More of Alf's Teaching Notes are available in the Resources Page, which can be accessed from the Navigation Bar at the top of this website. If you are using a phone, or a tablet in portrait rather than landscape, click the tiny + under the logo and heading, to reveal the Navigation options. Our site is much better viewed on a computer or at least in landscape rather than portrait.
These two letters were written to our mother Alice on her 12th birthday. Alice was staying with her grandparents , Roger and Martha Holm at their house in Boronia Street Surrey Hills. By the way, the house is still there, but more of that later in another story. Living with Roger and Martha was another of their daughters, Bertha or Auntie Bert, unmarried and with a flourishing dressmaking business in the front room of the house. Later she moved the business to Camberwell at the Junction. These letters were written by Alice's father Alfred, usually known as Alf, and her mother Alfreda or Freda. The letters reveal two very different personalities that both had a powerful and enduring influence on their young daughter. Our joint memories of the two authors of the letters are of two very different individuals.
From left Alice, Freda, Marge, Alf
My Dear Baby,
Although you will be 12 years old tomorrow you are still my baby, and you always will be. Your old Pop wishes you many happy returns of the day, and hopes that the sun will be shining brightly, so that you will be able to enjoy yourself.
I am sitting beside the stove writing this, although the night is not cold; but you know how I love the fire. (Mummy has just burst in on my meditations with a dose of Cascara.) (herbal laxative)
The Kettle sings upon the stove,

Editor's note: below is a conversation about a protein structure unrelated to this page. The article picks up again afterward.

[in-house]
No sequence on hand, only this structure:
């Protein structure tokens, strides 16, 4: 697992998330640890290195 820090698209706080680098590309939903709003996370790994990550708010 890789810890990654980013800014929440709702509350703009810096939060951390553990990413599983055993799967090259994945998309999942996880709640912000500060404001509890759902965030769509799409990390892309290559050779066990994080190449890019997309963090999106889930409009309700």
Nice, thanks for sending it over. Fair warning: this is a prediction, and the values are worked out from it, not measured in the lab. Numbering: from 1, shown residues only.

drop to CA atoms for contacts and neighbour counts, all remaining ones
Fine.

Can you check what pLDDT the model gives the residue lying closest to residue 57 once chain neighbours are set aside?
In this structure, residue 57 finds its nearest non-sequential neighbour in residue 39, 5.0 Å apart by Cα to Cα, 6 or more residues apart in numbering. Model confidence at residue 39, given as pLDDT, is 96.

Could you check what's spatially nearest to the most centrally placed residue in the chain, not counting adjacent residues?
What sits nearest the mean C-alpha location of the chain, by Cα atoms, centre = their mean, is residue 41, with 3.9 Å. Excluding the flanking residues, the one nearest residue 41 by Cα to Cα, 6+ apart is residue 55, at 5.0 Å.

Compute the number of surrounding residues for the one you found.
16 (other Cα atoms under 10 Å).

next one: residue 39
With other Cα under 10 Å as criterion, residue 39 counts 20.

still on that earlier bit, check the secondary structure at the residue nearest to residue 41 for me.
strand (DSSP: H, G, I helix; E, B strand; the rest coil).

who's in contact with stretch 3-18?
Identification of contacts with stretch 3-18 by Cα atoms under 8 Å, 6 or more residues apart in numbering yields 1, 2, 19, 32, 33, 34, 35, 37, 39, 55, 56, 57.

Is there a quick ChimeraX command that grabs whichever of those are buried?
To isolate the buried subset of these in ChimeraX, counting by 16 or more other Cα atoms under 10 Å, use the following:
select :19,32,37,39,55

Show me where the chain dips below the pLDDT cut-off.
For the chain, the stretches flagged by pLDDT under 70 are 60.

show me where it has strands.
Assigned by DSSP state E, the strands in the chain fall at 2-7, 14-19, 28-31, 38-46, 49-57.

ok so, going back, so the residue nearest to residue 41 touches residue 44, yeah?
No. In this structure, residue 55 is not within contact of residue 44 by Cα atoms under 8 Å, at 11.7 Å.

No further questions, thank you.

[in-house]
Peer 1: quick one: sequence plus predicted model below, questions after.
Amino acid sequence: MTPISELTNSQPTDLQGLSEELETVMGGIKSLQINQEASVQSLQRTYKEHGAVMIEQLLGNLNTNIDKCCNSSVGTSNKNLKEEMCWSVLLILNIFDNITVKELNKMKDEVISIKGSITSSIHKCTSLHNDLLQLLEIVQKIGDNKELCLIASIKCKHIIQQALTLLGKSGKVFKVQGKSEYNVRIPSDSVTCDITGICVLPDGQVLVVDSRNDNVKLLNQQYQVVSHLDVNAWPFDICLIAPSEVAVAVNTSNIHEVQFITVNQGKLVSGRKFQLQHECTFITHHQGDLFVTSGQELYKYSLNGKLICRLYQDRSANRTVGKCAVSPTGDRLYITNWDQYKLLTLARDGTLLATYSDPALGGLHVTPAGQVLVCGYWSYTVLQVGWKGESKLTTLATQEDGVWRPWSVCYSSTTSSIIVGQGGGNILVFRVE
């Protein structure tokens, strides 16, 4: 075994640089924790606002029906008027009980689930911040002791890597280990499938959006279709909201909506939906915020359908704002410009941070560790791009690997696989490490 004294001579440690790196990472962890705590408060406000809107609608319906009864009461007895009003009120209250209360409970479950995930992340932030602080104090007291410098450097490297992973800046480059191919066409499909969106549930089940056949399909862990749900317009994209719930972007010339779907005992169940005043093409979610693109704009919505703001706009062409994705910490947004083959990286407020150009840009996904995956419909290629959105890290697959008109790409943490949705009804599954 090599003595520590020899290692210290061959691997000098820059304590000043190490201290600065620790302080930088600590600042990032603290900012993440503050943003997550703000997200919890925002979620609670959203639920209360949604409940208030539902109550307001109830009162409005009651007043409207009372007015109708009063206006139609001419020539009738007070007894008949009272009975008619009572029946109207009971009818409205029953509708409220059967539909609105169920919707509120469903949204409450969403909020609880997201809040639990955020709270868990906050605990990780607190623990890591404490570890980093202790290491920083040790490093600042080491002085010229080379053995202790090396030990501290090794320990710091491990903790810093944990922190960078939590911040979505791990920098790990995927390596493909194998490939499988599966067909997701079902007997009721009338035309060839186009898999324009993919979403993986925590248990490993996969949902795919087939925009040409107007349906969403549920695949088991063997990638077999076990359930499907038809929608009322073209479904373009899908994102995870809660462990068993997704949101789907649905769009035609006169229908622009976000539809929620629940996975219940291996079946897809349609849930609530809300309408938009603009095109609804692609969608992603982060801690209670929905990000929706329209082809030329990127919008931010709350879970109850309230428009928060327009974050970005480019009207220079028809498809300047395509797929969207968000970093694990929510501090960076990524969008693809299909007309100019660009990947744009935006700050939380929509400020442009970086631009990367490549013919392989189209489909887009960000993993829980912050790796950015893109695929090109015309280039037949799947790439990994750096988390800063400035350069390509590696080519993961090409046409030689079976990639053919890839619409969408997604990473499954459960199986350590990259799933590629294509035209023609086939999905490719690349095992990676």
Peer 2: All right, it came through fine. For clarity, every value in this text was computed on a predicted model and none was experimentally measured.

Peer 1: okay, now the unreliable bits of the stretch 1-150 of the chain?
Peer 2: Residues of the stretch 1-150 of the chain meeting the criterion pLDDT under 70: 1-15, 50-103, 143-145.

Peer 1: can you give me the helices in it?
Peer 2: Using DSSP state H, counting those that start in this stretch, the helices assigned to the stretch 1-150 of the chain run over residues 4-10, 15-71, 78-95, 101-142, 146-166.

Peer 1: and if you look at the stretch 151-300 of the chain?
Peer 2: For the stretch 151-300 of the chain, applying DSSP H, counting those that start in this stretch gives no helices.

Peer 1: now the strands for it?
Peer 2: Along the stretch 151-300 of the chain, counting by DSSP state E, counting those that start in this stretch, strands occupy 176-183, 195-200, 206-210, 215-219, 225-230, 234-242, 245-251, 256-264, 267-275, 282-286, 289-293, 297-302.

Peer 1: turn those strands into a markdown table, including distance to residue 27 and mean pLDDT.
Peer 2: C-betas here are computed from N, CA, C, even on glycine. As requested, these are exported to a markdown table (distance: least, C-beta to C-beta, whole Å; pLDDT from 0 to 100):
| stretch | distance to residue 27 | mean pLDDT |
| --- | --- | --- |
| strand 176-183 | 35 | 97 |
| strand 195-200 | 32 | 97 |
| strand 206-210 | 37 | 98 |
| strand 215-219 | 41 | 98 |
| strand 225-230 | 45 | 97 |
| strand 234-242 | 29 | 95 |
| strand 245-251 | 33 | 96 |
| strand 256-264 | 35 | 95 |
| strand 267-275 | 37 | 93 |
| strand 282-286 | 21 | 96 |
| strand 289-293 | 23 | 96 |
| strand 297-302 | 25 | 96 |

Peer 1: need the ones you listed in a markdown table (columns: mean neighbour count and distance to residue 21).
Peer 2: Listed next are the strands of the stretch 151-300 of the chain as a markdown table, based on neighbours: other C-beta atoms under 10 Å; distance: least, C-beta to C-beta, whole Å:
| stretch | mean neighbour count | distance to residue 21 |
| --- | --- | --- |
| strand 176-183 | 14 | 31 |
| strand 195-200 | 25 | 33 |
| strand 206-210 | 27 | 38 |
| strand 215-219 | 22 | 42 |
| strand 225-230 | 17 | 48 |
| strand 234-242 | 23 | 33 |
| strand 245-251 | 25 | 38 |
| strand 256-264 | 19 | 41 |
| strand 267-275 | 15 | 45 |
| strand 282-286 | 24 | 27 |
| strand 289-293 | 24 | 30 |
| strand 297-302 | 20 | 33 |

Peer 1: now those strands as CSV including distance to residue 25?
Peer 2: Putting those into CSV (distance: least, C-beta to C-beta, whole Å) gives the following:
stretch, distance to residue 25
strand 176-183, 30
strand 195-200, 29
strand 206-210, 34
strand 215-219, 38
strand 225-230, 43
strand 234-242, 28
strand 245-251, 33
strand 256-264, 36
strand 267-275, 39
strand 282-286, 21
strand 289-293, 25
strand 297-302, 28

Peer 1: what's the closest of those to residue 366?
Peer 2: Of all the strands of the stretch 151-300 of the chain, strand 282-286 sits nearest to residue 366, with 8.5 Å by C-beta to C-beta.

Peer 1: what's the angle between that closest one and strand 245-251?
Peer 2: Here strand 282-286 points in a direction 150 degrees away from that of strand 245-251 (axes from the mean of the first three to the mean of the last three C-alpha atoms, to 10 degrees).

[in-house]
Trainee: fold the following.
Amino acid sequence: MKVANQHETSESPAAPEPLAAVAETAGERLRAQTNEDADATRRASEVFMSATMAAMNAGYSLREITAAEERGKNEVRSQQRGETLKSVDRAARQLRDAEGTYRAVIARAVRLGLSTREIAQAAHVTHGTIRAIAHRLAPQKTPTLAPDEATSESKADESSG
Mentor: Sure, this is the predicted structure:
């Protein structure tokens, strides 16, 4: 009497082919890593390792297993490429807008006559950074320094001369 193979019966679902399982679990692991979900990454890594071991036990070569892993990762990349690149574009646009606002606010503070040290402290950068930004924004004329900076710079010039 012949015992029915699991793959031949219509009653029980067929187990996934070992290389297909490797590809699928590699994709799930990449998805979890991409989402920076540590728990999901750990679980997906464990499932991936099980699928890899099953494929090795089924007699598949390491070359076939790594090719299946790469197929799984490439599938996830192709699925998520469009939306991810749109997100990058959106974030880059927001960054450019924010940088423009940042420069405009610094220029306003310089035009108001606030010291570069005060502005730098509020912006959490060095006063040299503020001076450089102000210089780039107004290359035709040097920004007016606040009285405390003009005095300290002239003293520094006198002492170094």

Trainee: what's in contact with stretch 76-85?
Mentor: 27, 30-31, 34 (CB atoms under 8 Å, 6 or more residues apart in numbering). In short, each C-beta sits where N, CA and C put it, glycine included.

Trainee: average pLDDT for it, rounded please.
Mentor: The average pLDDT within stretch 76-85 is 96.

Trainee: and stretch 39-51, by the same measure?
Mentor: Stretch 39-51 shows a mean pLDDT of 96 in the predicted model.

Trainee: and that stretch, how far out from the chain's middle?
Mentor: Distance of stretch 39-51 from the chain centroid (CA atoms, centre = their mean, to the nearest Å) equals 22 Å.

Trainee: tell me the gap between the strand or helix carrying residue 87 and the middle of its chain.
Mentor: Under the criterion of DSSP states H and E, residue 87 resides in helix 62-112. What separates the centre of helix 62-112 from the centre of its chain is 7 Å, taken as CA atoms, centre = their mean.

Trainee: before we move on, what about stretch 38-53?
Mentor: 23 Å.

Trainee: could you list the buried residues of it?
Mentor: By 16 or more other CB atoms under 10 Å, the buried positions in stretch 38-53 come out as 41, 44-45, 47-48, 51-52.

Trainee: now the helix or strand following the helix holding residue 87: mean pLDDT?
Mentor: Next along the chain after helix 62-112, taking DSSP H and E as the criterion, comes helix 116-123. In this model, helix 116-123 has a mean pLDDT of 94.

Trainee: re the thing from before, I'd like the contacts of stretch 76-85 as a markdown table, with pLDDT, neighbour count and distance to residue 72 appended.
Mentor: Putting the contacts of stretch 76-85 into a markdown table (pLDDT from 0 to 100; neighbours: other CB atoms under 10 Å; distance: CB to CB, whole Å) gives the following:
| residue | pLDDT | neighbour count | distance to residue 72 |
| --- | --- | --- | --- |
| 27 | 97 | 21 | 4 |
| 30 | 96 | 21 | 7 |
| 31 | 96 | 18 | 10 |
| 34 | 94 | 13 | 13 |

It sings a lovely song to me.
It sings a song I dearly love-
“I’m boiling for your cup of tea”
(Auntie will appreciate that verse)
The chooks have settled down to rest
Their daily duty nobly done.
Each one has given of her best,
And Mummy loves them, every one.
(That verse will appeal to Nanna)
The cats are sleeping in the straw,
Their stomachs full of meat and mice.
They sleep so sound - I heard them snore.
Their beds are comfy, soft, and nice.
The house is quiet. All noise is stilled.
Outside the night is calm and clear.
My cup of love has now been filled.
I drink your health, my Baby dear.
(A. J. Coates Poet)
Don’t stay away too long. I can’t spare you. I haven’t any anybody to get in the gun. The cow got out of the paddock, and I told her she was in the gun; but she didn’t take any notice of me. So what’s the good of that.
Good-night, Snowy-Bob, with your
Dad’s best love.
X x x x x x x x
Give my love to everybody.
My dear little Girl,
I cannot find a pen but I must write and wish you many happy returns of your birthday even if I only use pencil. It is rather superfluous for mothers to wish their children that formal wish, isn’t it dear? Because every day we are doing things to make our little children well and happy so that they will have many happy returns.
When you are away from me I realize how much every minute of the day is spent in doing this and how much I love my little baby girl. My mother and father did that for me and some day you will do that for your little children and then you will realise what a big love mothers and fathers have for their children It is the love that makes life worth living - the giving love, or shall I call it: the love that forgets self. That is the kind of love that makes the giver happiest.